Like all forms of organic food, chestnuts are susceptible to spoilage over time either from environmental factors that degrade their quality or due to bacteria and fungi that colonize them at a cellular level. 

This is accelerated once the chestnuts have been removed from their protective layering of husks and shell, exposing their inner nut to the open air and microbial life.

While chestnuts certainly have a change of taste when they have already spoiled, it should be immediately obvious even before tasting them whether they have gone bad or not. 

A tell-tale hardening of the inner flesh of the chestnut as well as a floury or otherwise flaky outer layer are all signs that the chestnut is beyond its best-by date and is most likely unsafe to eat.

However, in the unlikely event that the chestnut does not present this appearance or they have been altered in a way that it is hard to tell whether they are spoiled or not, a chestnut that has gone bad will taste sour and quite rancid owing to the high fat content it possesses.

What Foods Pair Well with Chestnuts?

Chestnuts are a highly versatile ingredient that pair well with a multitude of different foodstuffs and cuisines, both savory and sweet in flavor.

On the savory side of things, chestnuts are said to complement ingredients such as mushrooms, carrots and rosemary, all of which share the aromatic and earthy flavors that characterize chestnuts so well. Apart from these vegetables and herbs, the ideal meat pairing for chestnuts is the sweet and fatty pork.

Chestnuts can also be used quite well in sweet dishes owing to their signature nutty cloyingness. Paired with fruits like apples and pears, the acidic juices of these fruits can pair perfectly with the somewhat powdery texture of roasted chestnuts.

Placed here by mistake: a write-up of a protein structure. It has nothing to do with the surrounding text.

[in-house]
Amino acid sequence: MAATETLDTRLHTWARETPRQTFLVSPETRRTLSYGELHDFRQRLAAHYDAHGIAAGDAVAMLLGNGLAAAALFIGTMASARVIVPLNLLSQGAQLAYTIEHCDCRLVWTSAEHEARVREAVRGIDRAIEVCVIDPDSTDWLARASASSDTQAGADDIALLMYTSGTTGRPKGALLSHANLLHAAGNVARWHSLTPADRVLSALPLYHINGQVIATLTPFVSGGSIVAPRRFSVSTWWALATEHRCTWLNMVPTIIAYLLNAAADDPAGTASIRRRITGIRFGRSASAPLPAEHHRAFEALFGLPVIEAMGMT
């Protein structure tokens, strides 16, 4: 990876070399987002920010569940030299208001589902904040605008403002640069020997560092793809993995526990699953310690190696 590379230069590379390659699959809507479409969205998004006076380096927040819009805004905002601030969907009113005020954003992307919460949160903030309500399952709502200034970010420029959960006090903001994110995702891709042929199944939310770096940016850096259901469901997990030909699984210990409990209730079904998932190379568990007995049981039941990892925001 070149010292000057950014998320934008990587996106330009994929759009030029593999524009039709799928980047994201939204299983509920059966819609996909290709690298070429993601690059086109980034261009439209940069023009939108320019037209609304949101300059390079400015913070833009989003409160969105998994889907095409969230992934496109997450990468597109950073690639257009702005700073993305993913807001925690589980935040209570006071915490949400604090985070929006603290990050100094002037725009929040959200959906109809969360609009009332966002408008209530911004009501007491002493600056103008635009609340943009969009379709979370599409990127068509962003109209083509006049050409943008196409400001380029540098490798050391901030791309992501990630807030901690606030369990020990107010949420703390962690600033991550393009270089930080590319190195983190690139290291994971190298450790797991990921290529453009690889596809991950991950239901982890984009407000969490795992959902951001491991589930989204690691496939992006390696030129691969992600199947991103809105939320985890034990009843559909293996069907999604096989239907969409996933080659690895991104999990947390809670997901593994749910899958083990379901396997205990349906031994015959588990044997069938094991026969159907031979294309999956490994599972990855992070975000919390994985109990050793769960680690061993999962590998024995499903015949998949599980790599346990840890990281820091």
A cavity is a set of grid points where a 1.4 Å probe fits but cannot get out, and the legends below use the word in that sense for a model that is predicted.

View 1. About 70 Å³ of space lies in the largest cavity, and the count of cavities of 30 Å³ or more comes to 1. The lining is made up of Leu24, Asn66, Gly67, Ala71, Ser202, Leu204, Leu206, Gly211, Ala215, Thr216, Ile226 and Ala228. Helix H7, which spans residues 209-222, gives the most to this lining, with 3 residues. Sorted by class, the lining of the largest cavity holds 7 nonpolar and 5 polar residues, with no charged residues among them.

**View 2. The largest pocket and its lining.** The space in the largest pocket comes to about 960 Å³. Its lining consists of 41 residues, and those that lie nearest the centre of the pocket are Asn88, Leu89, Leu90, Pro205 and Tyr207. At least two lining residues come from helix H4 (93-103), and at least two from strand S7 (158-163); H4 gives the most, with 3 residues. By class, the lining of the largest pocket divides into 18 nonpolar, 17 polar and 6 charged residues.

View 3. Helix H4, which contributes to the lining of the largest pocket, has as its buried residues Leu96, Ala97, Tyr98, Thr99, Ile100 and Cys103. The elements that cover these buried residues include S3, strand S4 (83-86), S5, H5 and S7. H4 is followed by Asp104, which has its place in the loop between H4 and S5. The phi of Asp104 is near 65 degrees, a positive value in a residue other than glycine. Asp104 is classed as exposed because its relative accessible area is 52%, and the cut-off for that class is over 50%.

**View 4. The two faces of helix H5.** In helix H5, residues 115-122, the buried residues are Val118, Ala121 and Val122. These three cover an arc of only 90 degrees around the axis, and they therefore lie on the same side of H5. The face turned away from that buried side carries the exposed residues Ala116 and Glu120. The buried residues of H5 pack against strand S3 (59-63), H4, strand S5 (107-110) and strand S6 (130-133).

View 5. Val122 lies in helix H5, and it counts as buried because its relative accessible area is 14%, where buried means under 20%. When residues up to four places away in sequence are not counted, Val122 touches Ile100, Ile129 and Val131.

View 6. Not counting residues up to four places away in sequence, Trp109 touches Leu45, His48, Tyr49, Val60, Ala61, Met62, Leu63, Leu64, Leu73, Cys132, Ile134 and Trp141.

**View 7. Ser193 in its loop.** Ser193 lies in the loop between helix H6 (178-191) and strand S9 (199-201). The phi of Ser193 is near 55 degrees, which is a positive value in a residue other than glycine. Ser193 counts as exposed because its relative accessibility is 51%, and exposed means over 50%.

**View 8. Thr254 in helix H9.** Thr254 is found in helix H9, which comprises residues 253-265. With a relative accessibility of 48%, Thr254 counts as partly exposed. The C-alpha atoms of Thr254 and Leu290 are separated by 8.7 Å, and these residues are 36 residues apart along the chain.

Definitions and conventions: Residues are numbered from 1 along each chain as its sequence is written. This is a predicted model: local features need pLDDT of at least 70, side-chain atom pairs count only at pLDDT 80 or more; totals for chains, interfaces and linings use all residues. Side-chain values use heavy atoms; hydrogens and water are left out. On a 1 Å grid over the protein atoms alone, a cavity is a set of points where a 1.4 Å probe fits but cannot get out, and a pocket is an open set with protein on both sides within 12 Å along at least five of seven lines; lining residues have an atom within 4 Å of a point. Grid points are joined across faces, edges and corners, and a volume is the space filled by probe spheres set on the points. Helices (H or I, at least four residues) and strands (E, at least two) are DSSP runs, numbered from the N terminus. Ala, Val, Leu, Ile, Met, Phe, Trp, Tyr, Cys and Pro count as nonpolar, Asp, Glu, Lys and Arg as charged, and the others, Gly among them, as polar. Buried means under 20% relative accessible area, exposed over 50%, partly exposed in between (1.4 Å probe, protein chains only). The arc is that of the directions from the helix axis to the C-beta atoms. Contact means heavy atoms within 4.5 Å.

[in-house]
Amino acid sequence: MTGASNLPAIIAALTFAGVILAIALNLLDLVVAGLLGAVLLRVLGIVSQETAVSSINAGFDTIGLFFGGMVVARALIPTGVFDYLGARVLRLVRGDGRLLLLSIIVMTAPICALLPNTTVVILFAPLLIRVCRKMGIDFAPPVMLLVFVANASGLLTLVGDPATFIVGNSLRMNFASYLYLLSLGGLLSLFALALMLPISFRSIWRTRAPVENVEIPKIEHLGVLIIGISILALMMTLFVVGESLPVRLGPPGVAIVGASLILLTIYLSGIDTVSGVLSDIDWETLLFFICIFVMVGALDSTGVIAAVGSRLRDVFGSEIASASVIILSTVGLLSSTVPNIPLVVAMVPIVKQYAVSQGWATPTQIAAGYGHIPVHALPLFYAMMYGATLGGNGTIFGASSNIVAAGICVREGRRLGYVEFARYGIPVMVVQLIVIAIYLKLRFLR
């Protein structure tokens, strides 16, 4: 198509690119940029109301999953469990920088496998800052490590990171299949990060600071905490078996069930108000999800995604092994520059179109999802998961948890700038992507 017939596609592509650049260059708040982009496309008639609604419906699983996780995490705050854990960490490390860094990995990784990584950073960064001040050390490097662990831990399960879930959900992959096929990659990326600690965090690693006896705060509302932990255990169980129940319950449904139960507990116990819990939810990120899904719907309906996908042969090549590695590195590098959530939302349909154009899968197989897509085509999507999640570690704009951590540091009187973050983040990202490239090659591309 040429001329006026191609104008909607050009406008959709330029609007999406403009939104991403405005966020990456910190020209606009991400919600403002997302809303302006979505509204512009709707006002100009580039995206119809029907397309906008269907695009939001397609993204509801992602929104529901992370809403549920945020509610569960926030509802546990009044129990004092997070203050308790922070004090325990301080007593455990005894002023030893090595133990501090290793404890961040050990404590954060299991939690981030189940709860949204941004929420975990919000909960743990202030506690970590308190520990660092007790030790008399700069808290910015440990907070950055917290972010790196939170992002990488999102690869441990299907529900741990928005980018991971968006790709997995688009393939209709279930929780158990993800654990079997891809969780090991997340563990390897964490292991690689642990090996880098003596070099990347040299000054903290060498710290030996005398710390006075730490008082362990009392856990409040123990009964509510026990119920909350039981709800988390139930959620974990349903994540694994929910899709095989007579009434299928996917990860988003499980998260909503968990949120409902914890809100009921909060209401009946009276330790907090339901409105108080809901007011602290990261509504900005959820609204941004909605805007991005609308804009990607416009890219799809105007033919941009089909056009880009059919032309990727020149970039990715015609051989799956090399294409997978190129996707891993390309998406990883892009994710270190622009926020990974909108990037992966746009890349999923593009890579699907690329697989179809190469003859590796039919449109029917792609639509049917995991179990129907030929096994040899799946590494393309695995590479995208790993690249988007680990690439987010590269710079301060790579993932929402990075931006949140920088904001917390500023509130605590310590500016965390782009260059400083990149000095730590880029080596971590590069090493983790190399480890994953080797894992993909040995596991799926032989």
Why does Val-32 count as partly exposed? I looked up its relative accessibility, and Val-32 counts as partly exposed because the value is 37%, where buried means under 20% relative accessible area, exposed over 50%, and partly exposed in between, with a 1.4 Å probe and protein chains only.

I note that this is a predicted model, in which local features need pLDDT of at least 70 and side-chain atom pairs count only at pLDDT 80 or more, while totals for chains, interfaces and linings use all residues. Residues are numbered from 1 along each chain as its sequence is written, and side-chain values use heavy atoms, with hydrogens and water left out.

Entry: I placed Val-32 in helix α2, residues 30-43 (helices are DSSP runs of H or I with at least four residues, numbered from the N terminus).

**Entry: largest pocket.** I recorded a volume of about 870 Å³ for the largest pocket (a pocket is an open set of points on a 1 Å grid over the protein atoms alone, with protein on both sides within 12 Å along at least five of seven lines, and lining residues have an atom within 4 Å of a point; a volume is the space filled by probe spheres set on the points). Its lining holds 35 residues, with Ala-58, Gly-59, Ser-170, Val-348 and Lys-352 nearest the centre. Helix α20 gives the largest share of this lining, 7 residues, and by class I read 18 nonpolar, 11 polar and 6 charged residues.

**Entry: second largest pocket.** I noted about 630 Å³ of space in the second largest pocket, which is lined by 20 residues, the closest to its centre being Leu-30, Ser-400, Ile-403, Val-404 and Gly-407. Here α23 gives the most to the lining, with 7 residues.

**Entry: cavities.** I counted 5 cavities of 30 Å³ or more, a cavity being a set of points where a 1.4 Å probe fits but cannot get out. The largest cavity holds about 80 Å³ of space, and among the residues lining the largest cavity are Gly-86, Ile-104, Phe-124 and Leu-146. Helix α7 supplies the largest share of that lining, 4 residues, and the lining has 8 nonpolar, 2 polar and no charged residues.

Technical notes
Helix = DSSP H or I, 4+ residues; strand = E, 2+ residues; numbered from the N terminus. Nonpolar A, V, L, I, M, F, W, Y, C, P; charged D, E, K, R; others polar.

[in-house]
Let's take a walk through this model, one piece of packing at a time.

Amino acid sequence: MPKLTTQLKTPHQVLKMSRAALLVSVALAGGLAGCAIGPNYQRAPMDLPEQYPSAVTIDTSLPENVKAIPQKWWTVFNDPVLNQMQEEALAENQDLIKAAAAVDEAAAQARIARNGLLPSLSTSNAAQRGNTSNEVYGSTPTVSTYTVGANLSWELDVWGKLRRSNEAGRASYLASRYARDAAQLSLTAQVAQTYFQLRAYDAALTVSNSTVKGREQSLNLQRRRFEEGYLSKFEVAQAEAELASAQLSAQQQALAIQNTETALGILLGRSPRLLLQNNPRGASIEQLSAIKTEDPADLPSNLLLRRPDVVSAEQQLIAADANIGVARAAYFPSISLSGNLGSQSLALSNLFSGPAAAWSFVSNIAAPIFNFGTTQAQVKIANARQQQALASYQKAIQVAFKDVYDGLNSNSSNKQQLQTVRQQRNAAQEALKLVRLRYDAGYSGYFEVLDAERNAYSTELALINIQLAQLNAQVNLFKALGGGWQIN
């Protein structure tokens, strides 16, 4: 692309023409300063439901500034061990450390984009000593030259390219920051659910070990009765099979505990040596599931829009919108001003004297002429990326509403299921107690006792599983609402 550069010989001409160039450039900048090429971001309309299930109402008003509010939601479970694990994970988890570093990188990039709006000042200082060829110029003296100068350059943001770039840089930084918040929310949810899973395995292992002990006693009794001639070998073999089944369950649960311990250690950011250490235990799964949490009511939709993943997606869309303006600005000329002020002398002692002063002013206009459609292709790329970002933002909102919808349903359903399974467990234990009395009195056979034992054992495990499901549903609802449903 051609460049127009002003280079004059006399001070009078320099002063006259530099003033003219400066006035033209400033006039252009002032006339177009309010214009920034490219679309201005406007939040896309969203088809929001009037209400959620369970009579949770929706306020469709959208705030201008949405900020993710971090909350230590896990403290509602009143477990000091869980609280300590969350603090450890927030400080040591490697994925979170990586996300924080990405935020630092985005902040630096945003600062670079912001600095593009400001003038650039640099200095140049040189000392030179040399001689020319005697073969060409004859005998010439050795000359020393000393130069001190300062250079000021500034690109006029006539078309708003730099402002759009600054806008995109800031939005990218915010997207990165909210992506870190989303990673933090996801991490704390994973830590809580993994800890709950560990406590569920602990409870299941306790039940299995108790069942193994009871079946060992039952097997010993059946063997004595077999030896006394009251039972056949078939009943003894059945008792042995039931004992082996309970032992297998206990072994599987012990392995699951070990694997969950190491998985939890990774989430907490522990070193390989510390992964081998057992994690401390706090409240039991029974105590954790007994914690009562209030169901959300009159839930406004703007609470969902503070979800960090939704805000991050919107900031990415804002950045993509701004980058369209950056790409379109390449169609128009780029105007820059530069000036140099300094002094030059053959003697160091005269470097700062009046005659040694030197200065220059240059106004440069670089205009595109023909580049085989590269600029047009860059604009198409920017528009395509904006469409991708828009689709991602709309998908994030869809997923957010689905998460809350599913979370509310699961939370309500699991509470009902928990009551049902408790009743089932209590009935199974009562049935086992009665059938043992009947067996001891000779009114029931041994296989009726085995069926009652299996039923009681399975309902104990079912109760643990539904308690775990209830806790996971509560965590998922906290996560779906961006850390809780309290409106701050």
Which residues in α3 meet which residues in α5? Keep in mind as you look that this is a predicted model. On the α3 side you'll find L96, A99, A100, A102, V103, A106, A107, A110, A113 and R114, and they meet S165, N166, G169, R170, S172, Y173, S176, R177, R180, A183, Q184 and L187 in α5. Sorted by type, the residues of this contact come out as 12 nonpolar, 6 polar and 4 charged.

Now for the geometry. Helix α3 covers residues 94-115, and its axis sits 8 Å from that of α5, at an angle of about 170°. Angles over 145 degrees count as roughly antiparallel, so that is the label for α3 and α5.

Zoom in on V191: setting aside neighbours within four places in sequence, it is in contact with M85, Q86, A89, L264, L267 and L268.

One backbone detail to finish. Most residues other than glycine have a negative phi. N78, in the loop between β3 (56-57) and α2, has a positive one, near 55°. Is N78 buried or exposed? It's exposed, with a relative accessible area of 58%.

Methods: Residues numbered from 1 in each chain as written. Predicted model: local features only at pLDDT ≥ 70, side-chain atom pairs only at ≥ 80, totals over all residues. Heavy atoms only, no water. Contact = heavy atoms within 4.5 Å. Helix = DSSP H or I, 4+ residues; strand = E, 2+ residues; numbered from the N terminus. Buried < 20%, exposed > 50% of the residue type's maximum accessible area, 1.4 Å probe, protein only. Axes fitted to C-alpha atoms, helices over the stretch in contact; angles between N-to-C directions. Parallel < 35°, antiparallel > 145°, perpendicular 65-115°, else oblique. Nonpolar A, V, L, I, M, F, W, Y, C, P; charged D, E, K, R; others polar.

Apart from fruit, chestnuts are also excellent when coated or mixed into chocolate, especially that of the milk variety. Spices such as cinnamon and cardamom further complement their unique flavor as well.

What Cooking Method Brings Out the Best Flavor in Chestnuts?

While chestnuts on their own already pack a mouthful of flavor, cooking them in the appropriate manner can bring their splendid taste to new heights, especially if paired with the right ingredients.

Depending on your particular dish or purpose for the chestnuts, you may roast them in order to create a flour-like nut powder, boil or steam stem in order to puree the nuts into a spread, or even suspend them in syrup to both flavor the syrup and inject a decadent sweetness into the chestnuts, essentially turning them into candy.


1. Nixon, Kevin C. (1997). “Castanea”. In Flora of North America Editorial Committee (ed.). Flora of North America North of Mexico (FNA). 3. New York and Oxford – via eFloras.org, Missouri Botanical Garden, St. Louis, MO & Harvard University Herbaria, Cambridge, MA.

2. Brouillet L, Desmet P, Coursol F, Meades SJ, Favreau M, Anions M, Bélisle P, Gendreau C, Shorthouse D, et al. “Aesculus hippocastanum Linnaeus”. data.canadensys.net. Database of Vascular Plants of Canada (VASCAN).

Dominic Peterson
Hey there! My name is Dominic but everyone calls me “Dom.” Food is a huge part of my life and DomEats.com allows me to share my foodie experiences with the world.